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Mexico's new president signs pact with leaders of top opposition parties

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Dec. 1, 2012: Riot police take position in downtown Mexico City. Protests against Mexico's newly sworn-in President Enrique Pena Nieto began early Saturday morning with violent confrontations in the streets and protest speeches from opposition parties inside the congress where Pena Nieto formally took the oath of office. (AP)

Newly inaugurated President Enrique Pena Nieto and top opposition leaders have signed an agreement to increase Mexico's economic growth, employment and competitiveness.

The leaders of the conservative National Action Party and the leftist Democratic Revolution Party joined Pena Nieto in signing the "Pact for Mexico" on Sunday. It includes measures Pena Nieto announced during his inauguration, including education reform, pensions for people 65 and older, and concessions for two new national television stations.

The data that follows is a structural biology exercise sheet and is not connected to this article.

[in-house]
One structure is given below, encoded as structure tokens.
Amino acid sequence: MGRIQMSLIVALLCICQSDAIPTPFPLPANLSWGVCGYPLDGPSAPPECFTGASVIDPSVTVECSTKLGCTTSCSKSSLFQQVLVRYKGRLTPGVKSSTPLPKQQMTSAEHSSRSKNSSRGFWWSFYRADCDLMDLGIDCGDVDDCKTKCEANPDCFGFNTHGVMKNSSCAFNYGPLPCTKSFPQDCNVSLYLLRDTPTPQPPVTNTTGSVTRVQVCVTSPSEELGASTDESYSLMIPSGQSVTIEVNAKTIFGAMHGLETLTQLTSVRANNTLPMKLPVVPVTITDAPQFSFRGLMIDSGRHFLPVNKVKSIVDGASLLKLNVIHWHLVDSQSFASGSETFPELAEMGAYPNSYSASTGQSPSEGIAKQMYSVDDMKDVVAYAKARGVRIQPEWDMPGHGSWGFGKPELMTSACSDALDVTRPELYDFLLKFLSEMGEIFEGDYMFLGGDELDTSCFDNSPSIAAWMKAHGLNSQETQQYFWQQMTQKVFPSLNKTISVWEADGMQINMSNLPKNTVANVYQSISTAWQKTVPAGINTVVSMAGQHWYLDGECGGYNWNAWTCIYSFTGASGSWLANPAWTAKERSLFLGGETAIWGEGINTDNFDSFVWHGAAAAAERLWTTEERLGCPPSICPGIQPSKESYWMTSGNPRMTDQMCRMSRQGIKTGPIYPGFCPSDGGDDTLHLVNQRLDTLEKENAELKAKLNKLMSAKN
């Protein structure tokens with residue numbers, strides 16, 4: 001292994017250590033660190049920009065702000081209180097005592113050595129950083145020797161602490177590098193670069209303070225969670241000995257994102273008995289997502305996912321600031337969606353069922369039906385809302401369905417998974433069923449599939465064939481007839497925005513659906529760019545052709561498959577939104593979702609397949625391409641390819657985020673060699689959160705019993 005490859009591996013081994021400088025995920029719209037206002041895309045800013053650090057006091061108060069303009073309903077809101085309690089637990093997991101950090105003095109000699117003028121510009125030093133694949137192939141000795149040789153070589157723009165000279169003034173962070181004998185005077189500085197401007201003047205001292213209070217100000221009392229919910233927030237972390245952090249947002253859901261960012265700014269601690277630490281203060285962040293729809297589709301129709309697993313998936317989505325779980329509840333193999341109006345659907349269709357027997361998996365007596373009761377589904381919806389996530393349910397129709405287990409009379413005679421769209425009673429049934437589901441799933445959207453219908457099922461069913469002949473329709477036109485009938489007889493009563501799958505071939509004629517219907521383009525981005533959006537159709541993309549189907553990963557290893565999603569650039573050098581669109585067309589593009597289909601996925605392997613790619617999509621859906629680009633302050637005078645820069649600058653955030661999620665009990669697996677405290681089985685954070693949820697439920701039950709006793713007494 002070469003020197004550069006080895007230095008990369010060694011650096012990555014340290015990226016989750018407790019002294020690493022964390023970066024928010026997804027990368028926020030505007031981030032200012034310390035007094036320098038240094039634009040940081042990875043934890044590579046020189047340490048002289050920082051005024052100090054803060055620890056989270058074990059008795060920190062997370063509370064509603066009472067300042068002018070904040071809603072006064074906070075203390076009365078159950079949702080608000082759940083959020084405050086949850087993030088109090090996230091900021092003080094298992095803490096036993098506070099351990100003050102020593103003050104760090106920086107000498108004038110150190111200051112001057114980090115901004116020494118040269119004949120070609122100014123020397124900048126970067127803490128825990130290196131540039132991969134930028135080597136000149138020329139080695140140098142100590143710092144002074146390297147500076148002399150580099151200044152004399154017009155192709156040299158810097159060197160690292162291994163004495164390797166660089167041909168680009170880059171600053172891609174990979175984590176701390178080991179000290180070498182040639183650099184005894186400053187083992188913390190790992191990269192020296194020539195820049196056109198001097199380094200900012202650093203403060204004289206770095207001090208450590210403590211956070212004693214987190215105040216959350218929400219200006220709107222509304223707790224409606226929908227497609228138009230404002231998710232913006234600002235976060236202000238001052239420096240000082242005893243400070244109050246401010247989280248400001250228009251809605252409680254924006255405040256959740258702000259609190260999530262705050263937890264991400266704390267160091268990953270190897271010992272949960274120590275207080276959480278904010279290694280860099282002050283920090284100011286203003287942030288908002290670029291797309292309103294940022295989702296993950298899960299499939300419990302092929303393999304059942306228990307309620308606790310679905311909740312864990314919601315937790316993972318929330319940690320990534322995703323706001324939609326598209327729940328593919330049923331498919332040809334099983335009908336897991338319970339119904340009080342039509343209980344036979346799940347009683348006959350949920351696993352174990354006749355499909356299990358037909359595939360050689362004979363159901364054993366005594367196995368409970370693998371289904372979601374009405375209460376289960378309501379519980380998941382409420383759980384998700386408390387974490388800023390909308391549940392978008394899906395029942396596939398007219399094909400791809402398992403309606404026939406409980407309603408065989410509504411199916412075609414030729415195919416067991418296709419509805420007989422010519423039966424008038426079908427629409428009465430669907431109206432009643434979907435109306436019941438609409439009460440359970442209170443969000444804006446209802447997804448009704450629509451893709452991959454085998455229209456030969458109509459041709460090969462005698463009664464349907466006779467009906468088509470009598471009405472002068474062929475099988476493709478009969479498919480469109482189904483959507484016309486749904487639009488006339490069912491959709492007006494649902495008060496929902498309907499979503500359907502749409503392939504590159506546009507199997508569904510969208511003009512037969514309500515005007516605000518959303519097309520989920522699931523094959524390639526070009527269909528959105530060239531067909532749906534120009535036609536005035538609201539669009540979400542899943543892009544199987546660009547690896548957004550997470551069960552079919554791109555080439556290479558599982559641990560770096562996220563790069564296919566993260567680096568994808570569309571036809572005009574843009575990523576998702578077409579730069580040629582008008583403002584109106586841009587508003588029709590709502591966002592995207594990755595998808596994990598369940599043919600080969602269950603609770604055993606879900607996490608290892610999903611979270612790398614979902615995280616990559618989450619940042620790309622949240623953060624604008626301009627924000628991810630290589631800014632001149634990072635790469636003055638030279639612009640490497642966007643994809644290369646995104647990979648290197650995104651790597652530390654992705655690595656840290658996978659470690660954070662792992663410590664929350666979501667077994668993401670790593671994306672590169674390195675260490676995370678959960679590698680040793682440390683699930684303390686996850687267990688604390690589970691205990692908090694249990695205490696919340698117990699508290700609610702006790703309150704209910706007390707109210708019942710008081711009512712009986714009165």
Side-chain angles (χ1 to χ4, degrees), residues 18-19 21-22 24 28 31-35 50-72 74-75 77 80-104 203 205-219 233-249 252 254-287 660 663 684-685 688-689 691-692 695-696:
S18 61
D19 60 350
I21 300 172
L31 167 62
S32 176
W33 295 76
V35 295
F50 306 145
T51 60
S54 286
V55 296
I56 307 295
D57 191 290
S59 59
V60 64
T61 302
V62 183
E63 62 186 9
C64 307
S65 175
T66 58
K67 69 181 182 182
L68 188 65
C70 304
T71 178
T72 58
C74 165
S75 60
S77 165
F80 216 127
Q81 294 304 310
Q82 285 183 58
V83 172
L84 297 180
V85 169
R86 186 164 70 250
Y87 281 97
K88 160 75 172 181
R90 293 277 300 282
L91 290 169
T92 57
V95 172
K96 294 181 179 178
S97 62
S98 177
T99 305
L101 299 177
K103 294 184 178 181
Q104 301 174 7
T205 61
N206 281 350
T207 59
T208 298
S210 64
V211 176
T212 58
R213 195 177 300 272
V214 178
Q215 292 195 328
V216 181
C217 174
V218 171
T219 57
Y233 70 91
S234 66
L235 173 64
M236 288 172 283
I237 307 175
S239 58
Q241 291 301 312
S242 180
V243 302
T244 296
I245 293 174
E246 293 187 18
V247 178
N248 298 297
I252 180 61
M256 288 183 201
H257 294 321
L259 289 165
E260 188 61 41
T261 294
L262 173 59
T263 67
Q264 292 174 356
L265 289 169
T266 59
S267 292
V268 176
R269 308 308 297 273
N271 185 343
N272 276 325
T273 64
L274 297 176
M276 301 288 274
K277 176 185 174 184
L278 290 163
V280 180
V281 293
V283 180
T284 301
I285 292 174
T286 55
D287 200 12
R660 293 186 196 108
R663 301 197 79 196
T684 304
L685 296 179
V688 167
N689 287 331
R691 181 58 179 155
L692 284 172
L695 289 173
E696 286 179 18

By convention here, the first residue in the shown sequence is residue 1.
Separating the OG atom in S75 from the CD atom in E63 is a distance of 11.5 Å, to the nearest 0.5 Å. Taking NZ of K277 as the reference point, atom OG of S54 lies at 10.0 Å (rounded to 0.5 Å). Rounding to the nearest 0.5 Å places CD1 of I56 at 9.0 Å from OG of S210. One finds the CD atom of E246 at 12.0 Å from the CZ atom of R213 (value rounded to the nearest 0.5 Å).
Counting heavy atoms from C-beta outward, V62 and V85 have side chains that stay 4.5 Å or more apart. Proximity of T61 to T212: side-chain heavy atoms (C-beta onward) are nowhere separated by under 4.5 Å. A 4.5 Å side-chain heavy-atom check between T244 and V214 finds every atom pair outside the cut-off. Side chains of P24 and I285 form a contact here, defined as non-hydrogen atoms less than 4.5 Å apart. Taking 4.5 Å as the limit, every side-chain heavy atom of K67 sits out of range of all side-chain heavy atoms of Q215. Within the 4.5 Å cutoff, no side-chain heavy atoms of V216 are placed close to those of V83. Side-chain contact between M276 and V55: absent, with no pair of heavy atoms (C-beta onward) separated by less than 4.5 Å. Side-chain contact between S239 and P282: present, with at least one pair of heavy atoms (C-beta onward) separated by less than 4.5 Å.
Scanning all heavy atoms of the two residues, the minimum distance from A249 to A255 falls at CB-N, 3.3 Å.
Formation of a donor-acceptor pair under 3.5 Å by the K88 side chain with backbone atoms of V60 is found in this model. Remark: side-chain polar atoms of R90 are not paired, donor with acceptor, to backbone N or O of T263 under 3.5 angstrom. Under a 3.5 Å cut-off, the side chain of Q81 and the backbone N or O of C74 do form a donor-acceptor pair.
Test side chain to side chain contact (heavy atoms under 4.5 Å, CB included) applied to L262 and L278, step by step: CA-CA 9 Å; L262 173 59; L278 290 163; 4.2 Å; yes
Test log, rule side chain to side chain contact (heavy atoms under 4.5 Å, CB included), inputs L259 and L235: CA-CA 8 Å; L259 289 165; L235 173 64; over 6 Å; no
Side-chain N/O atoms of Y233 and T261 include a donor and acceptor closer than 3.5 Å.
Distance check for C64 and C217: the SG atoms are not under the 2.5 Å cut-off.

Pena Nieto's Institutional Revolutionary Party ruled Mexico for 71 years before being voted out 12 years ago.

His inauguration Saturday was marred by at-times violent protests.

Mexico City Mayor Marcelo Ebrard says eight people were injured, including one gravely, and 92 detained. He blamed anarchist groups for vandalism, attacks on businesses and other "barbaric acts."